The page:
The notion of imputation is also important in explaining 2 Corinthians 5:21. Imputation speaks of a legal reckoning. To impute guilt to someone is to assign guilt to that person’s account. Likewise, to impute righteousness is to reckon the person righteous. The guilt or righteousness thus imputed is a wholly objective reality; it exists totally apart from the person to whom it is imputed. In other words, a person to whom guilt is imputed is not thereby actually made guilty in the real sense. But he is accounted as guilty in a legal sense.
In the same way that the guilt of sinners was imputed to Christ, His righteousness is imputed to all who believe.
As early as Genesis 15:6 we read that Abraham “believed in the Lord; and He reckoned it to him as righteousness.” And Romans 4 uses Abraham’s justification as the model for how all believers are justified. That means every believer is forgiven immediately, just like the thief on the cross. Forgiveness costs us nothing, because it already cost Christ everything.
And if God justifies the ungodly solely through faith (Romans 4:5), of what does this faith consist? It is a refusal to trust anything but Christ for salvation. It means the abandonment of self-righteousness and a single-minded reliance on Christ alone for salvation. It therefore involves a sincere love for Christ and a turning away—repentance—from sin.
If you understand that you are a sinner and long for freedom and forgiveness from your sin, turn to Christ even now. He won’t cast out any who come to Him (John 6:37). He is eager to forgive and reconcile sinners to Himself. All else that we have to say about forgiveness is moot if you don’t know the forgiveness of God for your sins.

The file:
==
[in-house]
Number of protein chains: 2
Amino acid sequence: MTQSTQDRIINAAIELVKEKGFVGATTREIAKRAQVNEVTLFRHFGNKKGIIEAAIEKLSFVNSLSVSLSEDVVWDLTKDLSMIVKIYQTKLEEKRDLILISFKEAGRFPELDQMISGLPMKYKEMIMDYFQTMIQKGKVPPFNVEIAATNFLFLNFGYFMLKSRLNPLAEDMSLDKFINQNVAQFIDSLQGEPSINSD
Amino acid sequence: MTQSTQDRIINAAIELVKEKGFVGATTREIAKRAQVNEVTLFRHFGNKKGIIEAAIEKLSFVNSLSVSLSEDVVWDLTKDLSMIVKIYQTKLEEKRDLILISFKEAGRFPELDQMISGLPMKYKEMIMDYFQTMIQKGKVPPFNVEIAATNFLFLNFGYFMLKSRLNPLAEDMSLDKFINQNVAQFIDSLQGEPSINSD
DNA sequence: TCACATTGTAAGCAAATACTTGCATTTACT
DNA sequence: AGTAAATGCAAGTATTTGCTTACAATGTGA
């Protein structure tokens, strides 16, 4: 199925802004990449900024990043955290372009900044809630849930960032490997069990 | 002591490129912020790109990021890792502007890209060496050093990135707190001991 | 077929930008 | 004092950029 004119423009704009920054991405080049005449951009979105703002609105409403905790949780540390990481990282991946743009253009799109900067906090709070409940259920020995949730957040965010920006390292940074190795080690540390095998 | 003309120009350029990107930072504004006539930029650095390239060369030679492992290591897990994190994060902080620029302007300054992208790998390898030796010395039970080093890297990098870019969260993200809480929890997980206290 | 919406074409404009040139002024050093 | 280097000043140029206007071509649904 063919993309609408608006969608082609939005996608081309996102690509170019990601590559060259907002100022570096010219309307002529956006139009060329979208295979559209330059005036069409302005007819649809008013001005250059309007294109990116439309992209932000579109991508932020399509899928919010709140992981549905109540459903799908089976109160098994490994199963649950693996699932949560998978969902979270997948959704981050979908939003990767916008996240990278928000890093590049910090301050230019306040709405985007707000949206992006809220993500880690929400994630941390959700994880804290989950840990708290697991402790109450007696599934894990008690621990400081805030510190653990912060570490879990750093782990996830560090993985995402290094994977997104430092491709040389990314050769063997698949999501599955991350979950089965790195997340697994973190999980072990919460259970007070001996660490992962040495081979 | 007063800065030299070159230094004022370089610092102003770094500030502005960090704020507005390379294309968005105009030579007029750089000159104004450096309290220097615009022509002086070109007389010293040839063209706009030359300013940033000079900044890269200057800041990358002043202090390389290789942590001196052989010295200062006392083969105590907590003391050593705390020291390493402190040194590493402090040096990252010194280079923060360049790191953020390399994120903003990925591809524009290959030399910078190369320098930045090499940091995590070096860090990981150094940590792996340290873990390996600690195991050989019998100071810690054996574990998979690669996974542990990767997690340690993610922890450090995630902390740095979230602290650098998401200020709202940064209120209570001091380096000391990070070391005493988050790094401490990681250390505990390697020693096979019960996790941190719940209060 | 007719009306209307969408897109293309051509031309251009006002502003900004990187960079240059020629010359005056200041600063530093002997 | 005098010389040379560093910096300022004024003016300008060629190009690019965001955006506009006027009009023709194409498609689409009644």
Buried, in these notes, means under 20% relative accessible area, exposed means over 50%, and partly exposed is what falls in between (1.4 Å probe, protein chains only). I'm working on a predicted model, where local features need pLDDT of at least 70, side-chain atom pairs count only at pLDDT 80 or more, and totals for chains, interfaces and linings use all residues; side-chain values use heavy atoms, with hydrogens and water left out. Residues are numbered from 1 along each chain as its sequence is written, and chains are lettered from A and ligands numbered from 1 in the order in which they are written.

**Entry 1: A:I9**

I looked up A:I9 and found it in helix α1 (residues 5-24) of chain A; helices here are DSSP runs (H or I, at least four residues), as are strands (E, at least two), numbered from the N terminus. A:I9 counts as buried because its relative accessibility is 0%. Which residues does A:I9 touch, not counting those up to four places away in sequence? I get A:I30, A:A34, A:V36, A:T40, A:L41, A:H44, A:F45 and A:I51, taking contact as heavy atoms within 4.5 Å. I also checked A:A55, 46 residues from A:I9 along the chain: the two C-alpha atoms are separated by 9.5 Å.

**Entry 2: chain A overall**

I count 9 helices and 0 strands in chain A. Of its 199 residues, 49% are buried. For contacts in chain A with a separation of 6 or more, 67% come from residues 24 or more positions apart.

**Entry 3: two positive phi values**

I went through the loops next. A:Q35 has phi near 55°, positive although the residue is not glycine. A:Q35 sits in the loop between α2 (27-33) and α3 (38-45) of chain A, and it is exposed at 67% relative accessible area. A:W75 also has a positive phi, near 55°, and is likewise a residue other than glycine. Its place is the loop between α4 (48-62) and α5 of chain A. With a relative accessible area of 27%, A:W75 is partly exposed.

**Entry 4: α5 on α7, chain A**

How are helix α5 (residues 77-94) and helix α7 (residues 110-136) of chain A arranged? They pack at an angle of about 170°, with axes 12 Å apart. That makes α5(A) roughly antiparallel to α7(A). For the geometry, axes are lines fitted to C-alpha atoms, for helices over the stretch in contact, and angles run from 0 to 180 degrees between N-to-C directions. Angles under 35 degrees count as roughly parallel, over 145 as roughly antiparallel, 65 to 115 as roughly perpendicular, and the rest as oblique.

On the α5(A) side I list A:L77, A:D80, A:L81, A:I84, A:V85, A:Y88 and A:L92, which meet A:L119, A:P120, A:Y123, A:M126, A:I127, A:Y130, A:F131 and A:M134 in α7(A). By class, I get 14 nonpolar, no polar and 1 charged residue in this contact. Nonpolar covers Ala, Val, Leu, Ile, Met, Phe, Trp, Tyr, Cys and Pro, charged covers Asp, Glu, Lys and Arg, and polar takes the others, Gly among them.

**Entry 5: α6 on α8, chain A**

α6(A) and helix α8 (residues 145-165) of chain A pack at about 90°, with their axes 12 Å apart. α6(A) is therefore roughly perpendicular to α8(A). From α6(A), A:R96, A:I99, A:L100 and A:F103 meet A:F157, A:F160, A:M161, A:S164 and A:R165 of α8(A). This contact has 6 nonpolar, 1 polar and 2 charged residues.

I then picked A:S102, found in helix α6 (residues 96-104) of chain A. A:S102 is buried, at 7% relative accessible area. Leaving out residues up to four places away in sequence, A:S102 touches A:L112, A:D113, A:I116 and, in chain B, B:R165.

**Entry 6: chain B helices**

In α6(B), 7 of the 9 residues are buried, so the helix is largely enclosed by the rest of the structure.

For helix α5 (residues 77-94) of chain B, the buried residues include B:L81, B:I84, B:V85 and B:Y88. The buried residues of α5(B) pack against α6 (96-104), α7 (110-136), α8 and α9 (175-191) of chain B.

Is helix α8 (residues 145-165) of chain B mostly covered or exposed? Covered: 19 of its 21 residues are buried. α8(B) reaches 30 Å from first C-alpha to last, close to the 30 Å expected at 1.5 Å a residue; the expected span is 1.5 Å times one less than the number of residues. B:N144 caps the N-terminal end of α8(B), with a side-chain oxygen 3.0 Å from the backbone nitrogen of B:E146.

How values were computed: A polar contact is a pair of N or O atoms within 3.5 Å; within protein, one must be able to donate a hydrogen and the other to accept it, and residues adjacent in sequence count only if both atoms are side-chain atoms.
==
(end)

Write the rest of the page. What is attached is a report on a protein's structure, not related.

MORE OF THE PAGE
All Christians are forgiven an unpayable debt solely on the basis of what God Himself has done for us. That inestimable gift of free forgiveness becomes the ground on which all other kinds of forgiveness are based, and also the pattern for how we are to forgive others. If we keep in perspective how much God forgave, and how much it cost Him to forgive, we will soon realize that no transgression against us can ever justify an unforgiving spirit. Christians who hold grudges or refuse to forgive others have lost sight of the price paid for their own forgiveness.
God’s forgiveness is the pattern by which we are to forgive. That is the foundational truth on which all godly relationships are built and developed. It is the dominant example for all who honor God through ministry to a fallen world. And it is to those implications of God’s forgiveness that we will turn in the days ahead.
Used with permission from John MacArthur.